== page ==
– Miranda Mackee – Year 8

 

SPARQ-ed

SPARQ-ed

SPARQ-ed Immersion Progam at the Princess Alexandra Hospital

by Anika Logan – Year 12

Over the July holidays, Michelle and I attended an immersion program at the Translational Research Institute at the Princess Alexandra Hospital with the University of Queensland.

The program is aimed at Year 10-12 aspiring STEM kids to give a taste of third-year university biochemistry and research.

We performed a two-day experiment in a level two lab using human cell lines and micropipettes. Our research was about the pathways into human cells of two proteins, and to see if we could successfully inhibit that pathway so the protein makers would stay on the outside of the cell.

On the final day of the program, we gave a presentation on our results to several researchers in TRI and PhD students. Through this program, I have learned lab skills with highly precise equipment, data analysis, and interpretation of microscope cell images and gained an insight into biochemistry research.

This program has inspired me to continue my STEM studies and pursue a career in the sciences, and I highly recommend to any student that is interested in STEM and research.

What is SPARQ-ed?

SPARQ-ed (pronounced spark ed) is a unique educational facility established in collaboration between the Department of Education and The University of Queensland. Our cutting edge facility features a fully equipped PC2 biomedical teaching laboratory and learning centre, located at the Translational Research Institute (TRI) in Brisbane, providing school students a practical introduction to biomedical research.

To find out more, visit:
https://di.uq.edu.au/sparq-ed

Motel Mystery

Motel Mystery

HYPOTHETICAL CRIME SCENE IN ST MARY’S MOTEL

By Milla Blanco and Grace Burrows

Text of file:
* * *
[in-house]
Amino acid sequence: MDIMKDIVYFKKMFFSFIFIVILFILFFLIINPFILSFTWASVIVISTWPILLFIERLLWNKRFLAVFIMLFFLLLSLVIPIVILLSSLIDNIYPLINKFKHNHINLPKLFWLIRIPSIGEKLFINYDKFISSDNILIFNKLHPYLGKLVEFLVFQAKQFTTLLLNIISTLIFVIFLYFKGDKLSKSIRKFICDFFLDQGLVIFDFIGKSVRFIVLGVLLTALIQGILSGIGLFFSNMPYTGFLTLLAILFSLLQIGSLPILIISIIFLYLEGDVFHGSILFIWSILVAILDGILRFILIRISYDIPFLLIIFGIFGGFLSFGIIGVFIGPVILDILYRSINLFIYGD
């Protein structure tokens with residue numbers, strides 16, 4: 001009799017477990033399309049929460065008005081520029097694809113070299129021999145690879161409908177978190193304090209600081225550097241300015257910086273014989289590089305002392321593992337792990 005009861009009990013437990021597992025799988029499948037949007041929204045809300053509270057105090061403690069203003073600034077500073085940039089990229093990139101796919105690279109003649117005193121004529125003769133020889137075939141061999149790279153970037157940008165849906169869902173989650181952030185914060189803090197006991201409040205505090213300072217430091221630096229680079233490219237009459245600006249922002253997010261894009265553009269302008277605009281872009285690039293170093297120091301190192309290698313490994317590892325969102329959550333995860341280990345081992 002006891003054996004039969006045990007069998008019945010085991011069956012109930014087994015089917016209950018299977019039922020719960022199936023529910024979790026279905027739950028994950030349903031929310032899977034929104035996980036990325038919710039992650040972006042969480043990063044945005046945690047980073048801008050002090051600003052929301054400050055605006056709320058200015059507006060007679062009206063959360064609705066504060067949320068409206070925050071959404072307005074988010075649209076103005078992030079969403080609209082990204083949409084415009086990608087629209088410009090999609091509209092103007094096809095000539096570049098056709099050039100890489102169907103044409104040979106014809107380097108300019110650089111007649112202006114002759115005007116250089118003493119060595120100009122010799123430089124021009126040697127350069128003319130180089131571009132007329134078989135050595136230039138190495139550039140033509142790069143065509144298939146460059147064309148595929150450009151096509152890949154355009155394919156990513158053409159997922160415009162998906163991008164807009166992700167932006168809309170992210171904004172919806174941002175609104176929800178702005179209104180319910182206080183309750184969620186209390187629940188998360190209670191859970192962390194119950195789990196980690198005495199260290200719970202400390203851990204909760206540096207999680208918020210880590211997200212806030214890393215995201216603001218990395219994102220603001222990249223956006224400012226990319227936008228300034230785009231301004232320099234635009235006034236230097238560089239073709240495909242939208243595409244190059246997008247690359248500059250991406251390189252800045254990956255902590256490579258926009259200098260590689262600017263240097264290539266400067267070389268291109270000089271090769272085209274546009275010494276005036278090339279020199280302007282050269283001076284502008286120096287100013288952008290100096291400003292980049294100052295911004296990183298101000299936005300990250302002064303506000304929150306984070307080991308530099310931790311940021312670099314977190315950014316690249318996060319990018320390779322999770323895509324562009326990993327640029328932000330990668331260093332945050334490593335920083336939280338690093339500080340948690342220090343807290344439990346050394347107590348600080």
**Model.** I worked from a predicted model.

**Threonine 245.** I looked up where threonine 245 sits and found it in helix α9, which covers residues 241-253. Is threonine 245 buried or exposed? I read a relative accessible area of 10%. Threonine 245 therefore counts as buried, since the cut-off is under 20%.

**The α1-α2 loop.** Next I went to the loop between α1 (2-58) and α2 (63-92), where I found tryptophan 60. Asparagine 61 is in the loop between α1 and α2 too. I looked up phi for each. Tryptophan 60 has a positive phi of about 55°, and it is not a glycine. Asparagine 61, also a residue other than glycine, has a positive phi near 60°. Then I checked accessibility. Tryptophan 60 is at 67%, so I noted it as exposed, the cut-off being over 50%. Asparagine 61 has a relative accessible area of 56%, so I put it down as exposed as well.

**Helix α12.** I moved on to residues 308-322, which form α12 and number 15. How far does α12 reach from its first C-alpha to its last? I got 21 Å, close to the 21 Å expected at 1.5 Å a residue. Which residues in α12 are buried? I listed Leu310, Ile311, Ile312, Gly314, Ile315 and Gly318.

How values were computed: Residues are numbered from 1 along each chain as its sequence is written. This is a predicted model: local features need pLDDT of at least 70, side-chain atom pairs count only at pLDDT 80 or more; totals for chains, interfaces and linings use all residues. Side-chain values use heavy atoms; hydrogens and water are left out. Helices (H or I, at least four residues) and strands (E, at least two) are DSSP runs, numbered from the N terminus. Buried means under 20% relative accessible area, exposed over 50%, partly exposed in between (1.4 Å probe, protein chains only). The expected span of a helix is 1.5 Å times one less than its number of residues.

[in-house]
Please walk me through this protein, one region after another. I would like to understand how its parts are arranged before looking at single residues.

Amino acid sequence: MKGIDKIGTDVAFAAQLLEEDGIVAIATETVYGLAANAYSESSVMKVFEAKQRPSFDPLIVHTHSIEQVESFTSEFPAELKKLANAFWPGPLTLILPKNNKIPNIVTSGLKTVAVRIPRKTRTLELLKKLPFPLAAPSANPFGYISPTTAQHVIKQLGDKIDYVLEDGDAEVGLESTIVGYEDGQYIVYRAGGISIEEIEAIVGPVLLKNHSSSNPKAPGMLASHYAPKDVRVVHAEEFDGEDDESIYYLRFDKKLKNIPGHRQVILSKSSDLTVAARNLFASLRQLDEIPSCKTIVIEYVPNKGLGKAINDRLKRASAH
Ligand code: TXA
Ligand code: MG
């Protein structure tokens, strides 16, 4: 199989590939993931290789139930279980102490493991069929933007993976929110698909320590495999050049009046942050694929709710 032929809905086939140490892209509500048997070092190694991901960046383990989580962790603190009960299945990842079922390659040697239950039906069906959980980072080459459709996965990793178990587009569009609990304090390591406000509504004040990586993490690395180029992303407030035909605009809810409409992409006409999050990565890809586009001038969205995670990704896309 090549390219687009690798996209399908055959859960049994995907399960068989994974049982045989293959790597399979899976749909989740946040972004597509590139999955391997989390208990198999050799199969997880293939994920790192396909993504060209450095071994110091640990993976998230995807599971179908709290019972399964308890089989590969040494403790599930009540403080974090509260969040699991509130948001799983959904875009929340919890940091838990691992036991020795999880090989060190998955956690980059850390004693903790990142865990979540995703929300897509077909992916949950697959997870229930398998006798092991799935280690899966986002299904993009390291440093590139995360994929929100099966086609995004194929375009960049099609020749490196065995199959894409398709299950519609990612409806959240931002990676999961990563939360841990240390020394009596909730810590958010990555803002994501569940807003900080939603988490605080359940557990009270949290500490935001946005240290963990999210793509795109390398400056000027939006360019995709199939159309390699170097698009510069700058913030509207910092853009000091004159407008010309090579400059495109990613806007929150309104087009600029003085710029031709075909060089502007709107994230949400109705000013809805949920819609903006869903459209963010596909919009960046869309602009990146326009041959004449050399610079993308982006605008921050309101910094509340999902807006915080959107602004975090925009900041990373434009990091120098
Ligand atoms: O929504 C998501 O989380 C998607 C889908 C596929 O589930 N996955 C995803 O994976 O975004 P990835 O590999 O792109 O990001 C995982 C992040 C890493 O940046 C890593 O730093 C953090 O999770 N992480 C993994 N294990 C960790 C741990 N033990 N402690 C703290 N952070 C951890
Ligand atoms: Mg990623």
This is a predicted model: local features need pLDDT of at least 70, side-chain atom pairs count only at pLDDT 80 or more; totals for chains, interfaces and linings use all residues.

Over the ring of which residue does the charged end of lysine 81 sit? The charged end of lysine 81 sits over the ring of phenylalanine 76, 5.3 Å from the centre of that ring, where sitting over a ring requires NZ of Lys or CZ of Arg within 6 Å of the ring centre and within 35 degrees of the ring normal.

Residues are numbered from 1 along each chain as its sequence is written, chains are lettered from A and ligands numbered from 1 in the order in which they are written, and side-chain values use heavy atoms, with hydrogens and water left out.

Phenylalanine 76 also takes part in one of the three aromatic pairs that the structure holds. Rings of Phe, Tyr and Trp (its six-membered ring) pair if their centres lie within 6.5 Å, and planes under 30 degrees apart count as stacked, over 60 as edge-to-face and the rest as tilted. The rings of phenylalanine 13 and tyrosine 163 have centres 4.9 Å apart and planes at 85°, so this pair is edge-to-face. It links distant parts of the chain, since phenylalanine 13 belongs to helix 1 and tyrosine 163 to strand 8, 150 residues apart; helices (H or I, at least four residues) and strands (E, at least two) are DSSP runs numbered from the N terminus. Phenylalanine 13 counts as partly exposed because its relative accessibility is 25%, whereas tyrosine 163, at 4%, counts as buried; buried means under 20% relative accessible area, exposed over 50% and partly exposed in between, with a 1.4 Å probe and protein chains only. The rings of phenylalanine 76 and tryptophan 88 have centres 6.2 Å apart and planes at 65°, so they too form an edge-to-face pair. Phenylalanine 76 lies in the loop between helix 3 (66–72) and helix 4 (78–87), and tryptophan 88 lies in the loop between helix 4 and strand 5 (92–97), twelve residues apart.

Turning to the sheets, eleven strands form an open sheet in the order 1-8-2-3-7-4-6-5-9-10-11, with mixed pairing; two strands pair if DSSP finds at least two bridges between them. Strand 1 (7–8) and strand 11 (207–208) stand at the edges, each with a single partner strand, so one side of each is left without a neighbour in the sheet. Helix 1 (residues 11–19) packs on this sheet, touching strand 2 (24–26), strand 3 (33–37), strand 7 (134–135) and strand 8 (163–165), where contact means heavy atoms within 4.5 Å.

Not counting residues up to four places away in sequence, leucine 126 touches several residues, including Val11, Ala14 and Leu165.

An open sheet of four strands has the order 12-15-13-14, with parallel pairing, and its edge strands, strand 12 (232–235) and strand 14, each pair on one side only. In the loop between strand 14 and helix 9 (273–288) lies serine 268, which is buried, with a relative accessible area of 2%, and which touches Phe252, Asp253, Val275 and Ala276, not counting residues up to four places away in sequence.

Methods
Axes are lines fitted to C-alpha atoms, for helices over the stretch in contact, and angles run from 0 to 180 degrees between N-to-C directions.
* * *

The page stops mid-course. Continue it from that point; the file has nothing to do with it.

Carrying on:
“Today in Year 8 STEM, we investigated in the fictional death of Barnaby Hill. A fake crime scene was set up in the St. Mary’s Motel.

It was just like a real crime scene, with caution tape and labelled evidence. We even had to go around taking pictures and collecting items. It was heaps of fun and helped improve our knowledge of forensic investigation. The best part was the hazmat suits that gave us a lot of laughs.

Overall, it was a great experience and we look forward to solving this ongoing investigation.”

 

 

The Cathedral School joins the ICT Gateway to Industry Schools Program (GISP)

The Cathedral School joins the ICT Gateway to Industry Schools Program (GISP)

The Cathedral School has officially signed with the ACS ‘Gateway to Industry Schools Program’ for 2022. This is an exciting opportunity to help support our students, parents and staff with support for work pathways for students and professional development for staff and students. GISP is an initiative from the Department of Employment, Small Business and Training (DESBT) and ACS.

ACS is the professional association representing the ICT sector and profession in Australia. As highlighted by ACS, the aims of ICT GISP are to:

• Promote the ICT Industry to students and parents as an outstanding career choice
• Raise awareness of the hundreds of different and interesting ICT roles within this career choice
• Highlight the different study and training pathways to enable students to prepare for an ICT career
• Connect schools and students with ICT Industry Partners to provide industry experience
• Provide ICT GISP schools with access to teacher training and resources

‘A career in ICT can cater for all types of academic, personal and professional passions. The emerging technologies of the 4th Industrial Revolution, such as 3D printing, Virtual and Augmented Realities, Artificial Intelligence, the Internet of Things, and Robotics promise more possibilities for a career in technology. The most in-demand skillsets from tech employers are communication, Problem-Solving, and Collaboration. There is a career for everyone in the tech world, and it can be flexible, creative, fun, and well-paid.’ 
– GISP Project Manager, Matthew Jorgensen.

The partnership places The Cathedral School at the forefront of ICT-based P-12 education in North QLD and compliments the development of the school’s new ICT Leadership role headed by Ben Dallimore in 2022. The school is also in the final planning stages before undergoing significant structural developments on campus, featuring a dedicated STEM/ICT educational wing. The wing is scheduled for completion mid-2022.

The agreement was signed by Principal Ian Gamack and GISP Project Manager Matthew Jorgensen, with Industry Partner/Head of Smart Precinct NQ, Miranda Mears. Pictured L-R: Andrew Arratoon – Director of Studies, Katrina Wilshire – Pathways Manager & Careers Advisor, Ian Gamack – Principal, Miranda Mears – Head of Smart Precinct NQ, Ben Dallimore – Director of ICT (beginning 2022), and, Matthew Jorgensen – GISP Project Manager.

Find out more about the program here